27
Jan
Posted by Shawn Kung in Blogroll, Frontline data warehouse, TCO on January 27, 2009

Back in March 2005, I attended the AFCOM Data Center World Conference while working at NetApp.  It was a great opportunity to learn about enterprise data center challenges and network with some very experienced folks.  One thing that caught my attention was a recurring theme on growing power & cooling challenges in the data center.

Vendors, consultants, and end user case study sessions trumpeted dire warnings that the proliferation of powerful 1U blade servers would result in power demands outstripping supply (for example, a typical 42U rack consumed 7-10kW, while new-generation blade servers were said to exhibit peak rack heat loads of 15-25kW).  In fact, estimates were that HVAC cooling (for heat emissions) were an equally significant power consumer (ie. for every watt you burn to power the hardware, you burn another watt to cool it down).

Not coincidentally, 2005 marked the year when many server, storage, and networking vendors came out with “green” messaging.  The idea was to convey technologies that reduce power consumption and heat emissions, saving both money and the environment.  While some had credible stories (eg. VMware), more often than not the result was me-too bland positioning or sheer hype (also known as “green washing”).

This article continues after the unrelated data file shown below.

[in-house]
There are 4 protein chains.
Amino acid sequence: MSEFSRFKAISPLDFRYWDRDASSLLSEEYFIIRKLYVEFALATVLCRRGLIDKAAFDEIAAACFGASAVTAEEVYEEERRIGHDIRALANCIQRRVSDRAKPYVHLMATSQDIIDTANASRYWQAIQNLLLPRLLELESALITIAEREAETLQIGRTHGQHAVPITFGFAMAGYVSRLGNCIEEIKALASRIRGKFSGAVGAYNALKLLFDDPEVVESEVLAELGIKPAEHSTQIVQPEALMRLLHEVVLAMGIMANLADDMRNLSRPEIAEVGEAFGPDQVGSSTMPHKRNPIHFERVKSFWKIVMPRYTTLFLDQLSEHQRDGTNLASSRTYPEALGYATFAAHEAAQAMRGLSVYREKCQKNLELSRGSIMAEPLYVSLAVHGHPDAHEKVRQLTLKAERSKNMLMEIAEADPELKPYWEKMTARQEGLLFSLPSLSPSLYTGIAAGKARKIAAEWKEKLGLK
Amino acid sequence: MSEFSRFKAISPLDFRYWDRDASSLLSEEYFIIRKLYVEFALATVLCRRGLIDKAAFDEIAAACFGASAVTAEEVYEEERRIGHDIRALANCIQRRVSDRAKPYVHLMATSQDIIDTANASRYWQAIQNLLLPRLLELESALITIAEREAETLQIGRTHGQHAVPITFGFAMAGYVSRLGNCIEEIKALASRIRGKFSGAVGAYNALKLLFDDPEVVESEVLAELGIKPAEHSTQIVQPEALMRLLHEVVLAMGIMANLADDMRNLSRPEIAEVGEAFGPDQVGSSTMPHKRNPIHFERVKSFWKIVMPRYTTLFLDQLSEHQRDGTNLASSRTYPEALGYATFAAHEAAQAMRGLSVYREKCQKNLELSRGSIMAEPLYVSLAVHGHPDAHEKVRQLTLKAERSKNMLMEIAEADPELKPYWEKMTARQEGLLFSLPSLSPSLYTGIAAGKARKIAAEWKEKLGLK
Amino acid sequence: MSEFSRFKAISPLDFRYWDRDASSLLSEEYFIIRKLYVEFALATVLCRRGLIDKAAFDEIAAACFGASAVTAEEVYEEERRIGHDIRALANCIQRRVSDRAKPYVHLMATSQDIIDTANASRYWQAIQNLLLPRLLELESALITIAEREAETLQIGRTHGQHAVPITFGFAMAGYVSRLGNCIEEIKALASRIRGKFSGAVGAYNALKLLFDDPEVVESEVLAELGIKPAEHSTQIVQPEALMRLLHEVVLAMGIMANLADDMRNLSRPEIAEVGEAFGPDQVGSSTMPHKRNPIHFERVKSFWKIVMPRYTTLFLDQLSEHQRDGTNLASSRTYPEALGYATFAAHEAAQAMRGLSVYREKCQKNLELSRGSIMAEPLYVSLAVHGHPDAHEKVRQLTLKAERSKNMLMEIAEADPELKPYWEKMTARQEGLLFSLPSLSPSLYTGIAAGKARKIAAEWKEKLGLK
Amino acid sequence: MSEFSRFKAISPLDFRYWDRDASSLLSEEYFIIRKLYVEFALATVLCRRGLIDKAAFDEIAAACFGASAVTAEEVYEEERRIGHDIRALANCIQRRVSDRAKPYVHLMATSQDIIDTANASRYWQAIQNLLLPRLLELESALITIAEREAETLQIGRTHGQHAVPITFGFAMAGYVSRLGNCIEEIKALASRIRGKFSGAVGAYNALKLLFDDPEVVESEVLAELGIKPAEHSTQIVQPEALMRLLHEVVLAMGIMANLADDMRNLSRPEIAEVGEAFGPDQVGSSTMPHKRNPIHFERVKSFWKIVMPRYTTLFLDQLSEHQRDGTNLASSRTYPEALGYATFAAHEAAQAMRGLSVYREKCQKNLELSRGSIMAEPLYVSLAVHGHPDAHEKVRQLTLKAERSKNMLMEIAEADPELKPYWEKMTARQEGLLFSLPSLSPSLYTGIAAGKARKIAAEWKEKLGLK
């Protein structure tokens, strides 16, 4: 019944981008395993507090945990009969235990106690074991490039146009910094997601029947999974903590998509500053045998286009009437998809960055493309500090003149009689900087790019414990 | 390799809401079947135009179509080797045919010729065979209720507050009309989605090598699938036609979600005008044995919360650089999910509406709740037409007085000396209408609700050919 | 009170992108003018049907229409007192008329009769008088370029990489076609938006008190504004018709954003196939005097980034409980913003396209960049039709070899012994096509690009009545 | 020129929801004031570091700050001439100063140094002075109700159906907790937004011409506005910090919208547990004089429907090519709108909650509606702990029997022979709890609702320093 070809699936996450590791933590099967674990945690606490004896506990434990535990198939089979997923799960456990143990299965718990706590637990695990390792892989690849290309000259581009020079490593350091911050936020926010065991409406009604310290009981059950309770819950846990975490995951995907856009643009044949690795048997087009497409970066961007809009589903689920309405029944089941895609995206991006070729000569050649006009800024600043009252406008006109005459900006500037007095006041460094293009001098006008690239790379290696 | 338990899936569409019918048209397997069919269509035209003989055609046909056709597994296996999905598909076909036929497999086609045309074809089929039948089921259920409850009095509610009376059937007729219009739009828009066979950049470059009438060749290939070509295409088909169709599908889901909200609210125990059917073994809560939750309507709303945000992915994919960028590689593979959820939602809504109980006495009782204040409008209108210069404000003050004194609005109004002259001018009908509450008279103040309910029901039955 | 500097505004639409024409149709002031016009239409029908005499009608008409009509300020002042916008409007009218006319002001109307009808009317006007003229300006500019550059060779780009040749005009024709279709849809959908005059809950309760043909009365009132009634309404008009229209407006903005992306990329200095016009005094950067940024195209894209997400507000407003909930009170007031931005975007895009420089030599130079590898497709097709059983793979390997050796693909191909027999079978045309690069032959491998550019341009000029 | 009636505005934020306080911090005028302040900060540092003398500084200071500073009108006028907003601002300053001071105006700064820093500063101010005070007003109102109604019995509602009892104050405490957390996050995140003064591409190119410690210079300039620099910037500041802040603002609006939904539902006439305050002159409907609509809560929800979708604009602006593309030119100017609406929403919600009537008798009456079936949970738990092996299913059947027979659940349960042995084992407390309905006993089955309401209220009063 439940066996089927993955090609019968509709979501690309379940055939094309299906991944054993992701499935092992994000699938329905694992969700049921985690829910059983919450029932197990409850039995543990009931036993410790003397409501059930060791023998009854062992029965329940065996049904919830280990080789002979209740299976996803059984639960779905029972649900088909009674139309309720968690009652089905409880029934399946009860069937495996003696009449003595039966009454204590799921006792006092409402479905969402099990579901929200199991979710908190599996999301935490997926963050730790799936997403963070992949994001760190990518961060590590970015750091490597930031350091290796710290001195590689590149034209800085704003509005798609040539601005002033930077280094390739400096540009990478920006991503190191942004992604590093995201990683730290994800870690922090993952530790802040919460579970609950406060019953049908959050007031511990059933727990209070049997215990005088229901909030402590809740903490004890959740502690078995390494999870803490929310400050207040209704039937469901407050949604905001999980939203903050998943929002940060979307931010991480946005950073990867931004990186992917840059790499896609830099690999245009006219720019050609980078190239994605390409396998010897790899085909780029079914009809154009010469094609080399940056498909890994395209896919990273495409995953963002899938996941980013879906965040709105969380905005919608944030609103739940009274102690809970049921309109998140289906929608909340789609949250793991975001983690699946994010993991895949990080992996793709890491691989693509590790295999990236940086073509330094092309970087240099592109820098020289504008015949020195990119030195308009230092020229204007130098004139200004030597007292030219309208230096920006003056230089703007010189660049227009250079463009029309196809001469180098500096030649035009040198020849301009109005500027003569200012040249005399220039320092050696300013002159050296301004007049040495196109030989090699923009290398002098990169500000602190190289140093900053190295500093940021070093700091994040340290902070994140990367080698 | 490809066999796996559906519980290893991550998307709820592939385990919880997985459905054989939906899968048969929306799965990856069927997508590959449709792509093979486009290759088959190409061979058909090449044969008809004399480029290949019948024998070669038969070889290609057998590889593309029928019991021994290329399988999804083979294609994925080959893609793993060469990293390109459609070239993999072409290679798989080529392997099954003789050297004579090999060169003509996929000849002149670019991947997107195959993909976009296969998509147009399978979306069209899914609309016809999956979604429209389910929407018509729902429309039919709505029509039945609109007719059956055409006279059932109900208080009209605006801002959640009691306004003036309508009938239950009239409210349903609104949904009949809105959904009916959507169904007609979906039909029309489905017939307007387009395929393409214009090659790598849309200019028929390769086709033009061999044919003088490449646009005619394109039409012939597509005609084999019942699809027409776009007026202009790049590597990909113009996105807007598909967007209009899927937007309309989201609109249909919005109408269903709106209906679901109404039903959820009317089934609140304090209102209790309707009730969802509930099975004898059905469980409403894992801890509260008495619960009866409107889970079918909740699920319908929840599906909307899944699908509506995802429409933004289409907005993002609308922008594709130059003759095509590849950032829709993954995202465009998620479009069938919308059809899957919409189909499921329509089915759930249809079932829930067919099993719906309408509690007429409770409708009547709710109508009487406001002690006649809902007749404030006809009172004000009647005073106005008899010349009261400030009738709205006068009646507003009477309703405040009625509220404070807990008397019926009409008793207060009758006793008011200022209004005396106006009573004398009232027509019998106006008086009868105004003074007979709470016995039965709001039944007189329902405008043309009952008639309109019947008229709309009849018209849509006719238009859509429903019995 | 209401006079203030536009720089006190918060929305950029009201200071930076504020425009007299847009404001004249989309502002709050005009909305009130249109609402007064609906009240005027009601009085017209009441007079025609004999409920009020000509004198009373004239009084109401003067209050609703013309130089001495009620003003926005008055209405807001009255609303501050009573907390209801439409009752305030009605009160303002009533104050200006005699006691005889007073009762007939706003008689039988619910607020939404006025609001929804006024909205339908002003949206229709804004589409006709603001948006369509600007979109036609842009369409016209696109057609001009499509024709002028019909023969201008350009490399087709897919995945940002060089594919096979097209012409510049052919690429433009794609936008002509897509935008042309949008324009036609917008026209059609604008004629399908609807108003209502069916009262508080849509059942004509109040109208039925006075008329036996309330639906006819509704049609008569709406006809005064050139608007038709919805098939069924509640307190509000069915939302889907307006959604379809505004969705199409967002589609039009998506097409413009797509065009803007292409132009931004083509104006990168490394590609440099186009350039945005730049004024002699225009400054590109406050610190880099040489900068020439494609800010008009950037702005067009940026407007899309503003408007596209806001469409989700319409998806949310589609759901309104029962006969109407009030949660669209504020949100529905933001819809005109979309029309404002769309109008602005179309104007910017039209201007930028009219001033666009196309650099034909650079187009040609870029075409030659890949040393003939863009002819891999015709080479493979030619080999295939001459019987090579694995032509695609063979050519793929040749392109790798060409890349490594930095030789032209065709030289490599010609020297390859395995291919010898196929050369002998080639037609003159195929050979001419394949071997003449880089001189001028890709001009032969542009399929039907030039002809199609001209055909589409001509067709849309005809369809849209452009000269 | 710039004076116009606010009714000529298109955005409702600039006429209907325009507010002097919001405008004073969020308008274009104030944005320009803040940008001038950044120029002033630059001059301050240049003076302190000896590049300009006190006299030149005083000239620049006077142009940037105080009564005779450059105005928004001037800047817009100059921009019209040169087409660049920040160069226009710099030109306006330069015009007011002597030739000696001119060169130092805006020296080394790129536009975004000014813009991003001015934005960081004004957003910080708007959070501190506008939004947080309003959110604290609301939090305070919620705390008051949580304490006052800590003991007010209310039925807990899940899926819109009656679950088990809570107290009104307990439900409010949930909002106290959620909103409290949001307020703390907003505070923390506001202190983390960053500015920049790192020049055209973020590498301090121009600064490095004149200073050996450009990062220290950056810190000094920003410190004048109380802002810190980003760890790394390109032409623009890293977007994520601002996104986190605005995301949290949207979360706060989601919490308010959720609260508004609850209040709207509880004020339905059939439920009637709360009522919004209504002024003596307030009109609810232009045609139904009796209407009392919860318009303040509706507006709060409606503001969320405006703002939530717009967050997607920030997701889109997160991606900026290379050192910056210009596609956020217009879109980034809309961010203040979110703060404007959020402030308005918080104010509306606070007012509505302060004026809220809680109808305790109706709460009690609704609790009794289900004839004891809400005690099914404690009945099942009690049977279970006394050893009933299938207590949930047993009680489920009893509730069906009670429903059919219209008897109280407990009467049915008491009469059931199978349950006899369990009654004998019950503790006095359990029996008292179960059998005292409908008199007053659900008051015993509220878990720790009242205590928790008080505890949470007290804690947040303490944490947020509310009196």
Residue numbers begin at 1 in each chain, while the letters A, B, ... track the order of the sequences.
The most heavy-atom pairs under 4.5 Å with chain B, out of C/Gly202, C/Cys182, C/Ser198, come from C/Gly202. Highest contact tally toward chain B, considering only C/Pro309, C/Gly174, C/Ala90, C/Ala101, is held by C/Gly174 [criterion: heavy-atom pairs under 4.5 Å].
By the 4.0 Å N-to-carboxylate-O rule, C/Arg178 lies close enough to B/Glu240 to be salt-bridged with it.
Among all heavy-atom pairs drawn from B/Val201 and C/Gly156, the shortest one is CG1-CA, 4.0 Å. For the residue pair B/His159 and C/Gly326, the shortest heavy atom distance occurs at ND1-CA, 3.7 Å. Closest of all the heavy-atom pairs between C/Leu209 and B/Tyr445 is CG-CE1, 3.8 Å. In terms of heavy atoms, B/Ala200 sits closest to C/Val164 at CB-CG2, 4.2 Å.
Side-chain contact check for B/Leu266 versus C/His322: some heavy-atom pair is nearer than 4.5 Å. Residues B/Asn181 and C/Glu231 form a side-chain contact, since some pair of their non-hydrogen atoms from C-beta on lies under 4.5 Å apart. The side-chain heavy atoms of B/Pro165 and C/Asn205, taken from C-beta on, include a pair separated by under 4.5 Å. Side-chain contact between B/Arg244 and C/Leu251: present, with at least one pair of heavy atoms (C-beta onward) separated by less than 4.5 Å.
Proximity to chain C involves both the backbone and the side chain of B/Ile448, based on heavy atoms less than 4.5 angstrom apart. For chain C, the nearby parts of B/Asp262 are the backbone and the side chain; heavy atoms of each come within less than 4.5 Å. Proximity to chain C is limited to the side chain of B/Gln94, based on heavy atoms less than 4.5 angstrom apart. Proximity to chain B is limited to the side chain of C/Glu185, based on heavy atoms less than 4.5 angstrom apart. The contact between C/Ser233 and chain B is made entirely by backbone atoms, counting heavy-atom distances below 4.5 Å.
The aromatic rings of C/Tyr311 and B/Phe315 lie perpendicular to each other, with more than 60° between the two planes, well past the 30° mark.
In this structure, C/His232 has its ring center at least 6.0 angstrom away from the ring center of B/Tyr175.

Luckily, Aster doesn’t suffer from this, as the architecture was designed for cost-efficiency (both people costs and facilities costs).  Among many examples:

[1] Heterogeneous scaling: we use commodity hardware but the real innovation is making new servers work with pre-existing older ones.  This saves power & cooling costs because rather than having to create a new cluster from scratch (which requires new Queen nodes, new Loader nodes, more networking equipment, etc), you can just plug in new-generation Worker nodes and scale-out on the existing infrastructure…

[2] Multi-layer scaling: A related concept is nCluster doesn’t require the same hardware for each “role” in the data warehousing lifecycle.  This division-of-labor approach ensures cost-effective scaling and power efficiency.  For example, Loader nodes are focused on ultra-fast partitioning and loading of data - since data doesn’t persist to disk, these servers contain minimal spinning disk drives to save power.  On the opposite end, Backup nodes are focused on storing full/incremental backups for data protection - typically these nodes are “bottom-heavy” and contain lots of high-capacity SATA disks for power efficiency benefits (fewer servers, fewer disk drives, slower spinning 7.2K RPM drives).

[3] Optimized partitioning: one of our secret sauce algorithms ensures maximizing locality of joins via intelligent data placement.  As a result, less data transfers over the network, which means IT orgs can stretch their existing network assets (without having to buy more networking gear and burn power).

[4] Compression: we love to compress things.  Tables, cross-node transfers, backup & recovery, etc all leverage compression algorithms to get 4x - 12x compression ratios - this means fewer spinning disk drives to store data and lower power consumption.

…and others (too many to list in a short blog like this)

I’d love to continue the conversation with IT folks passionate about power consumption…what are your top challenges today and what trends do you see in power consumption for different applications in the data center?

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